#8 in the 2018 series of guest blog posts by Seattle Aquarium beach naturalists Bobby Arispe and Jen Strongin.
Message from Jen:
Take a walk north of the Seattle Aquarium along the waterfront. Keep going until you reach the end of the road and you will find an intriguing pathway that leads you into the Seattle Art Museum Sculpture Park. Keep walking along the path until you find the Olympic Sculpture Park Pocket Beach and hang a left. There is something you should know about this little beach right in downtown Seattle - it is alive with wonderful neighbors that breathe water instead of air!
I had the opportunity to work at this tiny but mighty beach this summer. It makes you realize how intimately connected our urban landscape is to the natural world of the Salish Sea right at our feet.
One of my favorite downtown marine neighbors has to be the spiny pink scallop. They are small and delicate and you have to look carefully to find them (or just ask a naturalist)! Sometimes they open up just enough that you can see their beautiful, shimmery eyes.
If you are lucky, your naturalist might be wearing a shirt with an octopus on it. All the rock stars like to hang out on the waterfront!
Purple shore crabs might not be as famous as the stars, but they are always a welcome sight.
Living downtown can get a little rough at times! This porcelain crab was missing the tips of his claws, but he seemed determined to defend his home in spite of his injury.
It takes some careful looking, but you can find a variety of tunicates on and under rocks at our downtown beach.
Keyhole limpets use their big foot to suction on to the rocks they call home downtown. Every now and then they get dislodged and we get to help them back on their...foot.
This sea urchin skeleton (also known as a test) is evidence that urchins share our downtown shores too. I think they are the ultimate fancy dressers in our urban intertidal zone.
We have frilled dog winkles on all of our Seattle beaches, but I think the downtown dwellers have extra curves and ridges that make them more beautiful than most.
My home beaches in West Seattle were also chock full of wonderful marine neighbors AND curious and engaged beach visitors. Thanks to all of you who come out to see us. You make our days on the beach so much fun!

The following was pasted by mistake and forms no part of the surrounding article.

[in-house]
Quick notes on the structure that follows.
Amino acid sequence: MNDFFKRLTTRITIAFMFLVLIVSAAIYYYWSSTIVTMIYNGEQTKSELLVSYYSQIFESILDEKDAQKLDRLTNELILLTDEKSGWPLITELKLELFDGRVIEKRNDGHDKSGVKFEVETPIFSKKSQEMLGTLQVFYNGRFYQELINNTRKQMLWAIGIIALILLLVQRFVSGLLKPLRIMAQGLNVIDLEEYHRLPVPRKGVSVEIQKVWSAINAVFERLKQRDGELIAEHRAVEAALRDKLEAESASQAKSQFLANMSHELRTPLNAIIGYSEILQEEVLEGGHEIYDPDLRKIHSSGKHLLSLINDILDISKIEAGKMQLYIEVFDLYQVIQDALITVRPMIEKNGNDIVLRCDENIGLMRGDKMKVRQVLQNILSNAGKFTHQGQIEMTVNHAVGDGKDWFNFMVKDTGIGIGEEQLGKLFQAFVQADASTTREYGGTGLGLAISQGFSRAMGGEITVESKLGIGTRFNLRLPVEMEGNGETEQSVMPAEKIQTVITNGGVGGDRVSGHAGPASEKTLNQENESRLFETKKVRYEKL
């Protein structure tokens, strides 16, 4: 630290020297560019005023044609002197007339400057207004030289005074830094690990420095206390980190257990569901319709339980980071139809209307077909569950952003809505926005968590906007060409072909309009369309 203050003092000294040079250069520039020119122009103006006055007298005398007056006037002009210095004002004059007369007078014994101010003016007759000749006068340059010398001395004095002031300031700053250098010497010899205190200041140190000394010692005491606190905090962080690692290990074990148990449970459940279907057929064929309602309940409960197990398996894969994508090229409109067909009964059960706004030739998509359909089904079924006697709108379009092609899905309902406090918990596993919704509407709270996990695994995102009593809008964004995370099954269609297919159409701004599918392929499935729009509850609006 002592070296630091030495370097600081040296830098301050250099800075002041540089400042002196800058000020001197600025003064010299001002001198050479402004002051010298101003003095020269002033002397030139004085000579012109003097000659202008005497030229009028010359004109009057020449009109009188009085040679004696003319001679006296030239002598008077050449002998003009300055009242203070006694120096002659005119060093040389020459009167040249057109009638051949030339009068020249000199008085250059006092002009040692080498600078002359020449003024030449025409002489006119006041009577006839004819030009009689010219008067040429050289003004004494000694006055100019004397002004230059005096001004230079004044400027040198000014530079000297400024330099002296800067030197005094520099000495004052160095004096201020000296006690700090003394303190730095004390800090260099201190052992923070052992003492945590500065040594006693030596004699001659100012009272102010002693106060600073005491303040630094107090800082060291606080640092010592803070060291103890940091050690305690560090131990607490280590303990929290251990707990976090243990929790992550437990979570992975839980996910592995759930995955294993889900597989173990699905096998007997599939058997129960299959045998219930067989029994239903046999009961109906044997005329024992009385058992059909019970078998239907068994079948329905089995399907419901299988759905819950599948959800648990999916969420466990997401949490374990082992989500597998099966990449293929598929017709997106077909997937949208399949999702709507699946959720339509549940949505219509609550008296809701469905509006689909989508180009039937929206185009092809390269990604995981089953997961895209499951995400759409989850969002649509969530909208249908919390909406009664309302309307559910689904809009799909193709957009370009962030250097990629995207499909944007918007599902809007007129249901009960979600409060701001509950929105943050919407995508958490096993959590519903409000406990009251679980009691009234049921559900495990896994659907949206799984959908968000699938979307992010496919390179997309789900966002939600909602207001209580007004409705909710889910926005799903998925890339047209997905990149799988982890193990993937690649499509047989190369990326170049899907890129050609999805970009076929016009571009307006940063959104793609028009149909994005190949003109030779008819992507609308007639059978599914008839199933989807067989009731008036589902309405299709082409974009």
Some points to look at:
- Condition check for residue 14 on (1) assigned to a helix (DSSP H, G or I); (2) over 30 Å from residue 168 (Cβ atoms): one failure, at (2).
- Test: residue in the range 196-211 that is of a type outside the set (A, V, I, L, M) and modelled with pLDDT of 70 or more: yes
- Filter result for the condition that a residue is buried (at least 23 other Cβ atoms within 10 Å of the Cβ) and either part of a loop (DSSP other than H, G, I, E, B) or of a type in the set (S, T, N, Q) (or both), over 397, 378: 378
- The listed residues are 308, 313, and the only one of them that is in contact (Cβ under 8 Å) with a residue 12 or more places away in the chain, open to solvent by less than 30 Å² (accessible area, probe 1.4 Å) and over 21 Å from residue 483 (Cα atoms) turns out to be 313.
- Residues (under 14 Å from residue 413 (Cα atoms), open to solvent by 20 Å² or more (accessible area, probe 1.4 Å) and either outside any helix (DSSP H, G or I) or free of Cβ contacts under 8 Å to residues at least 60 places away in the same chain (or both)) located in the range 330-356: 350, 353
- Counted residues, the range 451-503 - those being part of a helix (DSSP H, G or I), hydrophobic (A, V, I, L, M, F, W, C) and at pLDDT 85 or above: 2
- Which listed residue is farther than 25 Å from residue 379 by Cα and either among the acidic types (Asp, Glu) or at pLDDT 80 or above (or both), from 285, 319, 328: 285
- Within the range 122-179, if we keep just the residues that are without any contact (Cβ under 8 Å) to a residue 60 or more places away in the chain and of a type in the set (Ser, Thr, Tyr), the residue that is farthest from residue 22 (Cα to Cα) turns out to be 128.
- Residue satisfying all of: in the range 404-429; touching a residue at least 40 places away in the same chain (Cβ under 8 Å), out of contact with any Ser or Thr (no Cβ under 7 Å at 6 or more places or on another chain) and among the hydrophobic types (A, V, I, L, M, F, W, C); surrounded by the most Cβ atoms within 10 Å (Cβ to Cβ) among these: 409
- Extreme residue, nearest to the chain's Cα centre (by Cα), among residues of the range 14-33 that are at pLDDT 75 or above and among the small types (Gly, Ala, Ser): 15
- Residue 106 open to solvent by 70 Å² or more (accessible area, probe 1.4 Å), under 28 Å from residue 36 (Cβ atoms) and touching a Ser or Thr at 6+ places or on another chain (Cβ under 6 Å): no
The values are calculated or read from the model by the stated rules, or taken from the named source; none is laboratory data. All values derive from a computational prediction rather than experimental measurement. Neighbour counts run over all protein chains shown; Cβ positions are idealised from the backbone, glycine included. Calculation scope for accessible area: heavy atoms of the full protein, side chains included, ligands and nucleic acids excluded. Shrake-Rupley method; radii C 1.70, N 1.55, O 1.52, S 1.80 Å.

Abstract art or....? We have seen some HUGE jellies on our beaches this past month. The yellow blob above was a fried egg jelly that was almost 3 feet across! The red lion's mane jelly seemed teensy in comparison. These species are known to eat one another. The question is...who was eating whom?
Lots of animals in the intertidal zone have the superpower of regeneration. This mottled star was regrowing an arm!
This large mama red rock crab didn't make it, but maybe her eggs will. You can see her modified legs here called pleopods, (those bits that look like feathers along the egg mass) that help to hold her eggs in place . Female red rock crabs can carry 180,000 -500,000 eggs!
You may remember seeing images of these eggs or the animal that lays them earlier on the blog this summer. These are the eggs of a plainfin midshipman - hands down one of my favorite fish we see at low tide. The papa midshipman stays with the eggs, which take 45-60 days to develop and hatch out. He fans them, keeps the nest tidy and makes sure the eggs stay hydrated at low tide. He may have up to 1000 eggs to care for!
Here they are! Welcome to the world little baby midshipmen!
These woody chitons are partying like we will be next week as we celebrate the end of another wonderful beach naturalist season. Bobby and I will see you then as we recap some of our 2018 beach highlights!
Meet Seattle Aquarium beach naturalists on local shorelines this summer! Check our website for dates, times, locations and directions.
“I ventured westward from Albany, NY and fell madly in love with our city from the moment I arrived. It was 21 years ago this August when Seattle first charmed me with its lush, forested parks, beautiful beaches, and water and mountain views (when the skies are clear enough) all around.
I signed up to be an interpretive volunteer at the Seattle Aquarium in 2013, became a beach naturalist volunteer in 2014, and this will be my third year as an official member of the Seattle Aquarium staff as a beach captain. My favorite place to be is on the beach, with my camera, sharing my love and knowledge of our intertidal dwellers with the hope that I will inspire others to love and protect the Salish Sea and the ocean beyond.”